Britain 's longest and most heated strike was marked by violence again today as hundreds of police and demonstrators wrestled and punched each other at a north London film developing plant.
The clash at the small Grunwick factory here does not involve a great new issue of industrial relations, nor does it raise any important economic questions. There are only 137 strikers. Both the militant left and the hard right, however, have seized on the 11-month-old dispute, turning it into a test of strength.
As a result, the affair has captured an extraordinary amount of press and television converage and has forced itself on the attention of Prime Minister James Callaghan's Cabinet.
About 4,000 police - nearly a quarter of the London force - faced 15,000 outside the plant gates this morning. That is more than 40 times the 429 Grunwick workers involved.
Inevitably, the swollen collided. By this evening, police counted 18 injured in their own ranks, 12 among the demonstrators and 70 persons arrested. None of the injuries were said to be serious, although six policemen were kept overnight in a hospital for observation.
The center of all this fury is a successful, small mail order photo processing business owned by George Ward, 44. A strident union foe, Ward is an accountant of mixed Indian and British parentage and experts think this is a central factor in the dispute.
His workers are largely immigrant women from India, generally among the most vulnerable workers here. Anglo-Indians such as Ward are frequently contemptuous of full-blooked Indians, and his striking workers have complained that he treats them inhumanely.
Last August Ward fired one worker, four more followed him out and soon 137 had joined the strike. No clear picture of wage levels at Grunwick has ever been given, but those outside the plant say that starting pay was about $48 for a 40-hour week.
The striker sought the help of a union and turned to one of the mildest in Britain, the Association of Porfessional, Executive, Clerical and Computer Staff.
Ward refused to recognize or bargain with the union, fired the strikers and said that those who had continued working wanted no part of a union. At first, the affair was a little-noticed local squabble in north London.
It was transformed, however, when postal workers refused to deliver Grunwick's mail, a potentially deadly blow to a company that does more than $3 million a year through the mail. Ward turned to a new organization, the National Association for Freedom.
It won a court order compelling the postmen to end their balcklist of Grunwick. The order has been obeyed only in part, However, and the company still receives less than its normal delivery.
Many union supporters were dismayed by the postal workers' tactics, and this has become one of the side issues launched by the dispute.
Political figures on the far left, notably the International Marxist Group and various shades of Trotskyites, began appearing on the Grunwick picket line.
Their support amounted to little until late this spring, when Arthur Scargill made the Grunwick cause his own. Scargill is the Marxist leader of the powerful coal miners in Yorkshire and is contending for the union's national leadership with Mick McGahey, the Communist chief of the Scottish miners.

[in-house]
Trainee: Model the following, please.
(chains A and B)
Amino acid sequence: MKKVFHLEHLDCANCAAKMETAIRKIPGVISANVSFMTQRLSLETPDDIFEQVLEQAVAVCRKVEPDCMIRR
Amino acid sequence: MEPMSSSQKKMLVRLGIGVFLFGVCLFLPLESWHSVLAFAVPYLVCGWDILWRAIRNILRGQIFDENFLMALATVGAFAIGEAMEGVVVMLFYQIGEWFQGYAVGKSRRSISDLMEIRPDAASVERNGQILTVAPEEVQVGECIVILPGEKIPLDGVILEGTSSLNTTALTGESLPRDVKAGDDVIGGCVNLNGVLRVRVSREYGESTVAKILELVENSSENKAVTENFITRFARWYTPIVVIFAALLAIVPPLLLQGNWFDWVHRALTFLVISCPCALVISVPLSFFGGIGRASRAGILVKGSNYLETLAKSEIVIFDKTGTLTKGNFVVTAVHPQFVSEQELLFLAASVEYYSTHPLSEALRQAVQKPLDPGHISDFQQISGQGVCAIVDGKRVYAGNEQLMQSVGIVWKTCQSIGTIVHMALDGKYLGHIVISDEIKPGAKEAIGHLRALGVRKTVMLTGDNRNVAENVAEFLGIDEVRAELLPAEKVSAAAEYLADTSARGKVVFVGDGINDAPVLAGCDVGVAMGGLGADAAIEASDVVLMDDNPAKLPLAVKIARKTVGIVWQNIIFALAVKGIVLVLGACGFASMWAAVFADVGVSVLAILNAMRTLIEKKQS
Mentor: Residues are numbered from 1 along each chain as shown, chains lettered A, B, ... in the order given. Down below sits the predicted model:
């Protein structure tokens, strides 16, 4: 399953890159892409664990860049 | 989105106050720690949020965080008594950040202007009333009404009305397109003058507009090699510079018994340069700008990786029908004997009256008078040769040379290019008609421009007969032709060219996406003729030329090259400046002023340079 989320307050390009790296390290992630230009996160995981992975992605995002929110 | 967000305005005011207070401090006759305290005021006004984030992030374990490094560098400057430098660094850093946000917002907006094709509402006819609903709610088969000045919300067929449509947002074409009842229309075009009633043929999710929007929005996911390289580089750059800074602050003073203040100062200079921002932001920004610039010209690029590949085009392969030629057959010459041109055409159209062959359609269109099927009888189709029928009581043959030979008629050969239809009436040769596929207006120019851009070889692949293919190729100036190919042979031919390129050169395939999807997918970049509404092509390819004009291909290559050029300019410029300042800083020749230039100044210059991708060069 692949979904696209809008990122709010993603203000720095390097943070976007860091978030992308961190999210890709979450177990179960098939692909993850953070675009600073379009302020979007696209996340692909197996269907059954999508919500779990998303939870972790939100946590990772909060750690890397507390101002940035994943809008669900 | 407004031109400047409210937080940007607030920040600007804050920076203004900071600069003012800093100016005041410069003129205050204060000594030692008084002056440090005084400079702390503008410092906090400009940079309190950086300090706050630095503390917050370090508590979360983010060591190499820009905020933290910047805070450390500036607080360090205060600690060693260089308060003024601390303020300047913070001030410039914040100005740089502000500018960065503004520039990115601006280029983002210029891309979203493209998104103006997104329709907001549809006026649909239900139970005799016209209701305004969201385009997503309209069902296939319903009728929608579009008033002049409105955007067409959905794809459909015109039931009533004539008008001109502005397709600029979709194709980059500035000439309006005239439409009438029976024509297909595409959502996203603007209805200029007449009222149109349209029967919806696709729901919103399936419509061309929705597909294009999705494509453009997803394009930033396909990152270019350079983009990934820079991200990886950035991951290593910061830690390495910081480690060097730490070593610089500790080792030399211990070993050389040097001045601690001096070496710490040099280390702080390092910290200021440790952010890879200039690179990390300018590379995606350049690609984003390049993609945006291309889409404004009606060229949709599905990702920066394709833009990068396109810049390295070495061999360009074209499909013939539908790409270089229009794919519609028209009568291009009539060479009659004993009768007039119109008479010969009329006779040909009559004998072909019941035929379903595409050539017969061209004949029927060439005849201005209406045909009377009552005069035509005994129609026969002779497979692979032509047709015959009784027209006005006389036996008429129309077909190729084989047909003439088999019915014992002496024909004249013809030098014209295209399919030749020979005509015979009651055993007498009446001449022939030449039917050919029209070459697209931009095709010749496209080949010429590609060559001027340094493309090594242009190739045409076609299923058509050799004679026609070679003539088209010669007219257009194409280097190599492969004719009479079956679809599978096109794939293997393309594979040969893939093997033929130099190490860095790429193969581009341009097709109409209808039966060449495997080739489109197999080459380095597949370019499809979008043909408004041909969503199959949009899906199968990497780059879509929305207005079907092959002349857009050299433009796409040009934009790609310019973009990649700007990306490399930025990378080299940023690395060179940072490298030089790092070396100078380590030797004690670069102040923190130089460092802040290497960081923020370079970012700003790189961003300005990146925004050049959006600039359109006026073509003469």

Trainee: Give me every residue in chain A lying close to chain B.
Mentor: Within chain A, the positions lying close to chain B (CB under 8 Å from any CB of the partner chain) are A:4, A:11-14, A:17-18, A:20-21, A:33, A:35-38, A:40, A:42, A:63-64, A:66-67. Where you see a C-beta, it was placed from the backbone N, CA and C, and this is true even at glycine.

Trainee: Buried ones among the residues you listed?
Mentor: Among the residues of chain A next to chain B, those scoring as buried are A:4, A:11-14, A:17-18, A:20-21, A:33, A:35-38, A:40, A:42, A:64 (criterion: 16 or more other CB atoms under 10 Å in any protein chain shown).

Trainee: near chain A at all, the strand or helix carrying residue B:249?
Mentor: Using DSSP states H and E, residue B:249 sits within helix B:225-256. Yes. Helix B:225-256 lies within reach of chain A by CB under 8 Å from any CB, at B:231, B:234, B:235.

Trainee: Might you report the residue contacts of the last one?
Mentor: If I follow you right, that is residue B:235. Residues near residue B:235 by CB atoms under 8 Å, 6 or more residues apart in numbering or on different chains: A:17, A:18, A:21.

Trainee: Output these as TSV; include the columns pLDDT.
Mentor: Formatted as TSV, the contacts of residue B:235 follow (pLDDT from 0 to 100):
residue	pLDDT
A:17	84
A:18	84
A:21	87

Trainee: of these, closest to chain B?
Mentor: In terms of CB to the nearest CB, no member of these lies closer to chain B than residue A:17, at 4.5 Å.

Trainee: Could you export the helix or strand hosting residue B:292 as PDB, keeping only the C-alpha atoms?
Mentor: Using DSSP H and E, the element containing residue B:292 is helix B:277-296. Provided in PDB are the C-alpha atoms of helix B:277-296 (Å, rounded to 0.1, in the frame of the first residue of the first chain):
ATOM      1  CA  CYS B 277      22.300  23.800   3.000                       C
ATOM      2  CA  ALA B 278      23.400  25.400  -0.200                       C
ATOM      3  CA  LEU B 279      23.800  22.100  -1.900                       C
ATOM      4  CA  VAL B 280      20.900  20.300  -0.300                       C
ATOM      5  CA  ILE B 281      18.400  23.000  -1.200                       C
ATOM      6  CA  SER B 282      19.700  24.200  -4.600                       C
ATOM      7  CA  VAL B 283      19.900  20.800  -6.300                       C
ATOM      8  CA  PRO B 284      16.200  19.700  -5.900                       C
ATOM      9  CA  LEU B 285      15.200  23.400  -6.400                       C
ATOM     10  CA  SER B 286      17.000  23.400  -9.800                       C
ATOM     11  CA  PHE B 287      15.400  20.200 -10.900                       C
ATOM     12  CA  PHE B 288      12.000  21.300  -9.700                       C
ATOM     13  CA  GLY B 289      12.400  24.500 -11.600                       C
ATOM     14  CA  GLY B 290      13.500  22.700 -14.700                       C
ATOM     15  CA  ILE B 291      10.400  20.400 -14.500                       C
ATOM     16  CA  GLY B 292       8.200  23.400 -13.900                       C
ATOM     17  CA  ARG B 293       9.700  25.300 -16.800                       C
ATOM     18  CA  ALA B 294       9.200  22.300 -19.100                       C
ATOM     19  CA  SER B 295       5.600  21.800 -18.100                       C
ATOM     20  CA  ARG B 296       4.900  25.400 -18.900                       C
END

Scargill has brough hundreds of miners down to the plant and this had led to frequent fights with police. The police say they must enforce the law against mass picketing and clear the road for Grunwick's nonstrikers to work.
After one policeman was photographed unconscious in the street - he recovered a few days later - scenes of violence at Grunwick became a nightly staple of television here.
All this has forced Callaghan to appount a special court of inquiry under Justice George Scarman, but recommendations will have no binding power.
The entire drama need never have happened. As Joe Rogaly of the Financial Times observed: "It is the natural consequence of a national reluctance to adopt a written constitution, at a time when class conflict is no longer easy to contain by means of unwritten codes that have become anachronistic."
The existence of written rules makes a Grunwick affair almost unthinkable in the United States. The central dispute is the demand for union recognition by the strikers.
In Washington that sort of the question is determined through a ballot by the National Labor Relations Borard. There is a weak equivalent here, the Arbitration and Conciliation Service, but it has no power to enforce its will and no machinery to poll or even determine what is a n appropriate bargaining unit.
From the core dispute flowed such issues as the dismissal of the strikers and raises granted to those who stayed in the plant. All these are potential unfair labor practices in the United States and again would be adjudicated by the NLRB.
As Rogaly said however, Britions prefer "fudge" to explicit rules. Religance on common sense and unwritten rules can work well when passions are not aroused. The right in Britain has turned Grunwick into a Crusade for law and order, for police authority. The left damns the police an instrument of Grunwick's boss and his "blacklegs."